Not serving the people

Editorial, Normal

The National

TWO events happened in the Morobe province last week that raise concern about the way the Government system works – a system that is supposed to be “serving the people”.
The first involves a group of nurses at the Angau Memorial Hospital and the second involves a Government minister on a brief visit to the province.
Now, the first occurrence.
A group of mothers taking their babies to the children’s clinic at the Angau Memorial Hospital were unceremoniously told by an arrogant nurse to take their babies away and find another clinic as there was no water at the hospital on the day. The clinic was closing for that reason.
Some mothers took their babies to the Milfordhaven Clinic at Papuan Compound only to find that the clinic was closed.
Firstly, babies needing medical treatment were denied treatment. Those taken by their mothers to the clinic to receive their immunisation vaccination were also denied the vaccine.
This matter raises serious questions about the way children are treated at the children’s clinic at Angau. It is not the first time that mothers and babies have been treated in this manner by the nurses there.
The clinic is supposed to be receiving children regardless of where they come from and checking them immediately to ensure they receive medical attention without delay.
All children must be immediately attended to by the clinic without question and the staff must be told in no uncertain terms to do that or look for new jobs elsewhere.
Papua New Guinea has the lowest health indicators in the whole of the Pacific region, with many children dying before they reach the age of five. The only way we can lower this statistic is for health workers, especially those dealing with children, to ensure that any young children presented at the clinics are immediately given the attention they need without delay.
Any delay could be risky for their lives.
The chief executive officer at Angau Memorial Hospital needs to look into the way children and their mothers are spoken to or treated by the nursing staff there. It is pathetic to say the least.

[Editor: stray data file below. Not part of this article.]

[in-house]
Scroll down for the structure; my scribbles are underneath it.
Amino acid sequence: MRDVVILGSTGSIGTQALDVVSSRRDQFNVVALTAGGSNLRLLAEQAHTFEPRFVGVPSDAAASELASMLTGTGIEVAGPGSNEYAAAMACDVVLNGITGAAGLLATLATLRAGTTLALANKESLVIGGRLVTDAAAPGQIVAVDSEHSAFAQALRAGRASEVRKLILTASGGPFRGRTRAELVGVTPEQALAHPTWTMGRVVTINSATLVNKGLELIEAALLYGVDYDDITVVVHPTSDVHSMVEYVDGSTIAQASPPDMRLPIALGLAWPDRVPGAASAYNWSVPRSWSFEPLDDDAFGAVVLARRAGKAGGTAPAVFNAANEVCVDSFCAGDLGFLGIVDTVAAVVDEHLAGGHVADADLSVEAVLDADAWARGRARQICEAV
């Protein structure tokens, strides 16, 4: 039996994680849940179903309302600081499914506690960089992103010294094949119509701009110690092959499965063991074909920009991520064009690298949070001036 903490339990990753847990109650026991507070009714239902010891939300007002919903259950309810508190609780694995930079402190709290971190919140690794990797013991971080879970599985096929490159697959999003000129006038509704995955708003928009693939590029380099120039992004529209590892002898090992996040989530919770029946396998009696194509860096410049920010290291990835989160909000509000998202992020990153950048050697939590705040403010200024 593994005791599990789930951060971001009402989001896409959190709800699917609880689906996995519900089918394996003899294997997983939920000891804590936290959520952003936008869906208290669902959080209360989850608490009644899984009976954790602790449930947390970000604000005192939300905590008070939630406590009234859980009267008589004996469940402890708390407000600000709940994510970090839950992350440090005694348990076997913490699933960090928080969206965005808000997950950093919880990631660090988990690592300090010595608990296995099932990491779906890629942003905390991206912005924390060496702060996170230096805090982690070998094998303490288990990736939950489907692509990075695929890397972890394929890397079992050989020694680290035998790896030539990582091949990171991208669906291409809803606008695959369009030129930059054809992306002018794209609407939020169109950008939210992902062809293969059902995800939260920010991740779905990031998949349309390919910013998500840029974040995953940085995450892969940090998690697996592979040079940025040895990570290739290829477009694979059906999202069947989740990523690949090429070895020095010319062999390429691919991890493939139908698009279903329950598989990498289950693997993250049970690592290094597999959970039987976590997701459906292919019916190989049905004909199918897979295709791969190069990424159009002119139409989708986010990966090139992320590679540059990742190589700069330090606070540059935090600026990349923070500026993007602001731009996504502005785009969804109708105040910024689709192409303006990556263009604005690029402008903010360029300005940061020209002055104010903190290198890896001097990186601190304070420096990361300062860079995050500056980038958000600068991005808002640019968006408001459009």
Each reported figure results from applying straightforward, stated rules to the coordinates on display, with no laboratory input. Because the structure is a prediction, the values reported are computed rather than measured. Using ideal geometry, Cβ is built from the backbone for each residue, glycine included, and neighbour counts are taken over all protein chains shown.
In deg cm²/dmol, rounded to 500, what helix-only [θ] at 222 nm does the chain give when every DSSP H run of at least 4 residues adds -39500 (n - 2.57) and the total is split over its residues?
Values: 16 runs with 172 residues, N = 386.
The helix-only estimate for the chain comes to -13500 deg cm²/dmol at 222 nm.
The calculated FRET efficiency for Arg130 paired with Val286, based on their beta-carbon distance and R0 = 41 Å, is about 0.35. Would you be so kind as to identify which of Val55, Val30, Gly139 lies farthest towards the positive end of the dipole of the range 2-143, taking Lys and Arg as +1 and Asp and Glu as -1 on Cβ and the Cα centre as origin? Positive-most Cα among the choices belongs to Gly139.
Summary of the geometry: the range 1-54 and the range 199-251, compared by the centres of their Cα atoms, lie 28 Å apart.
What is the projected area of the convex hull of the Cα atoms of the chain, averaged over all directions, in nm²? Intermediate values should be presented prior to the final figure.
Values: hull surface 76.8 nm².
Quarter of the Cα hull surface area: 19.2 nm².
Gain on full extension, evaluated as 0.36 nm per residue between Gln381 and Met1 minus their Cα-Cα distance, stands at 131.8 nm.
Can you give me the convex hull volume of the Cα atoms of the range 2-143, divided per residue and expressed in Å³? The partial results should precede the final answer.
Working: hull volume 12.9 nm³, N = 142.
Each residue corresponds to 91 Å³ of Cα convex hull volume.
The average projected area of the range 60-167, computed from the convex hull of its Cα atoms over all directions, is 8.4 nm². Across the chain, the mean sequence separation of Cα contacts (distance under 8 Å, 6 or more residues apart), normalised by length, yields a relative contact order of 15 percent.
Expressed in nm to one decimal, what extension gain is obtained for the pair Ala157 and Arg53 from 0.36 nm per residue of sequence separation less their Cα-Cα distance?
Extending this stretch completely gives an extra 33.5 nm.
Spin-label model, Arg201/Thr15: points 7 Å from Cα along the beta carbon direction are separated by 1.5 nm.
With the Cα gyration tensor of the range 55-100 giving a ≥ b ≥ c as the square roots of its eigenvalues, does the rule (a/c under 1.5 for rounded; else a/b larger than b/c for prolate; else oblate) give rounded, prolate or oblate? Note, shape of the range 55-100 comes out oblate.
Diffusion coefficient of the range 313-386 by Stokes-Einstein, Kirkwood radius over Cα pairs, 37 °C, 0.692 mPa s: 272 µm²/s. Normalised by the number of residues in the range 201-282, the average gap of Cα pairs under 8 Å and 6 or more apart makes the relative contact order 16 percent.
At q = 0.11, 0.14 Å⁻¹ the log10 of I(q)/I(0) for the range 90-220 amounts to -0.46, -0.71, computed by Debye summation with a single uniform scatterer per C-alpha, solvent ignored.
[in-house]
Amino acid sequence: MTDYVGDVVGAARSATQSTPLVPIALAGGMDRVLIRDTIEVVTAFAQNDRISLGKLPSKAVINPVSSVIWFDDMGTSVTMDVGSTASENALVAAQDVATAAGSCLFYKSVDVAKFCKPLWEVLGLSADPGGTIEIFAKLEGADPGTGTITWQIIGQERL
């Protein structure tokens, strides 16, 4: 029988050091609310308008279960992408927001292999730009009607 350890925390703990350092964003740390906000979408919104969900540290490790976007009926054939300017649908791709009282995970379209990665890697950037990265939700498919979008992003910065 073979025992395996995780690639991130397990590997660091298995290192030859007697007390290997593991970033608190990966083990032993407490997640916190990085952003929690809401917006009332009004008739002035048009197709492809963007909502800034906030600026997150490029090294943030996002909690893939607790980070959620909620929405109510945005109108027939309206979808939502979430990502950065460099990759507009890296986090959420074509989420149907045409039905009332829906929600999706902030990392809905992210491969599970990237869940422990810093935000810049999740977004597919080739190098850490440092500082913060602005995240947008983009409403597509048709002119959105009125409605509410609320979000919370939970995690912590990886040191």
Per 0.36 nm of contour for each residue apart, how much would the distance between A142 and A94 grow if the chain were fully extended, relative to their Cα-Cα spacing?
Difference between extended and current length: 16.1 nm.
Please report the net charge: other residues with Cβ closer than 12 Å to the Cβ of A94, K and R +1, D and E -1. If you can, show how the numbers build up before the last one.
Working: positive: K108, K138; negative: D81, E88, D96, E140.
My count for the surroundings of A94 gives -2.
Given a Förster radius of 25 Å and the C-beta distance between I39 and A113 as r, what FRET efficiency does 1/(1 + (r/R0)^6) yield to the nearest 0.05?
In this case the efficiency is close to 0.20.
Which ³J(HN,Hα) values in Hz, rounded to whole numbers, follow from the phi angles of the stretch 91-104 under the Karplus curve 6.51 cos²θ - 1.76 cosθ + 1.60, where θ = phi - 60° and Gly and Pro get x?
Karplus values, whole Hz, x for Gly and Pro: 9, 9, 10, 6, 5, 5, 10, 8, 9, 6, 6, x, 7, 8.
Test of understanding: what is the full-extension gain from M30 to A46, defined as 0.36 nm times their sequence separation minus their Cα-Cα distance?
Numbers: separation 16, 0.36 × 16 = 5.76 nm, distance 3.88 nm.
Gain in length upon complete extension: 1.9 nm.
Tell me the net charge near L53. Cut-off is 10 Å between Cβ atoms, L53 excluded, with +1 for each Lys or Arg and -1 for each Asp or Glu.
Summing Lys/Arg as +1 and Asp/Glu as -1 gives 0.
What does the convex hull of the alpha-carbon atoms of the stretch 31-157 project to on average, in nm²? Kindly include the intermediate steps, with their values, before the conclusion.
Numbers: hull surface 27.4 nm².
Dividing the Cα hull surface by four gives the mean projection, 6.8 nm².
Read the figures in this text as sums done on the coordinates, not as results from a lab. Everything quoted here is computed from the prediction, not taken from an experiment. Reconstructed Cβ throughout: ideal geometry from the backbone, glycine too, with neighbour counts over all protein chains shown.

Not long ago, a young baby died while waiting to be treated at the same children’s clinic at Angau hospital. It took days before the hospital denied the child died while waiting but instead said it died while receiving medical attention.
The children’s clinic at Angau needs a complete overhaul to ensure it is children-friendly and that all children are looked after and attended to regardless of where they come from.
The second issue involves the Minister for Environment and Conservation Benny Allan, who visited the province last week to see for himself the extent of the pollution of the Watut River by the Hidden Valley gold mine.
Mr Allan was invited by the Morobe Mining Joint Venture company (MMJV) – the joint venture company of Harmony Gold company from South Africa and Newcrest Mining from Australia.
Two helicopters were hired to fly the minister and his delegation to Wau and the surrounding areas and then for an aerial tour of the Watut River down towards Lae.
As Mr Allan’s helicopter hovered over the Watut River, some 300 villagers living along the Watut River gathered at Sambio village to present a petition to him about the destruction to their environment and livelihood as a result of increased sediments from the mine site into the Watut River.
The minister overflew the people accompanied by executives from the mining company and civil servants. The people missed the opportunity to lay their concerns in front of the Government minister.
The minister heard the company’s version of the river pollution story but failed to get the side of the affected communities. He has not got a balanced view of the problem.
Mr Allan even refused to let Bulolo MP Sam Basil, who is the local Member of Parliament, accompany him on the trip.
Government ministers are there to serve the people of PNG – to listen to their concerns and address those concerns.
The Minister for Environment and Conservation failed in this regard to come down from his helicopter and spend 20 minutes of his time to listen to the Watut people.
The people of Watut correctly asked what the job of Government ministers is if they cannot come down and listen to the grassroots people.
Mr Allan has failed the people of Watut. Now he has to answer to their petition within 21 days or face a section of the Lae-Wau highway blocked by the affected people.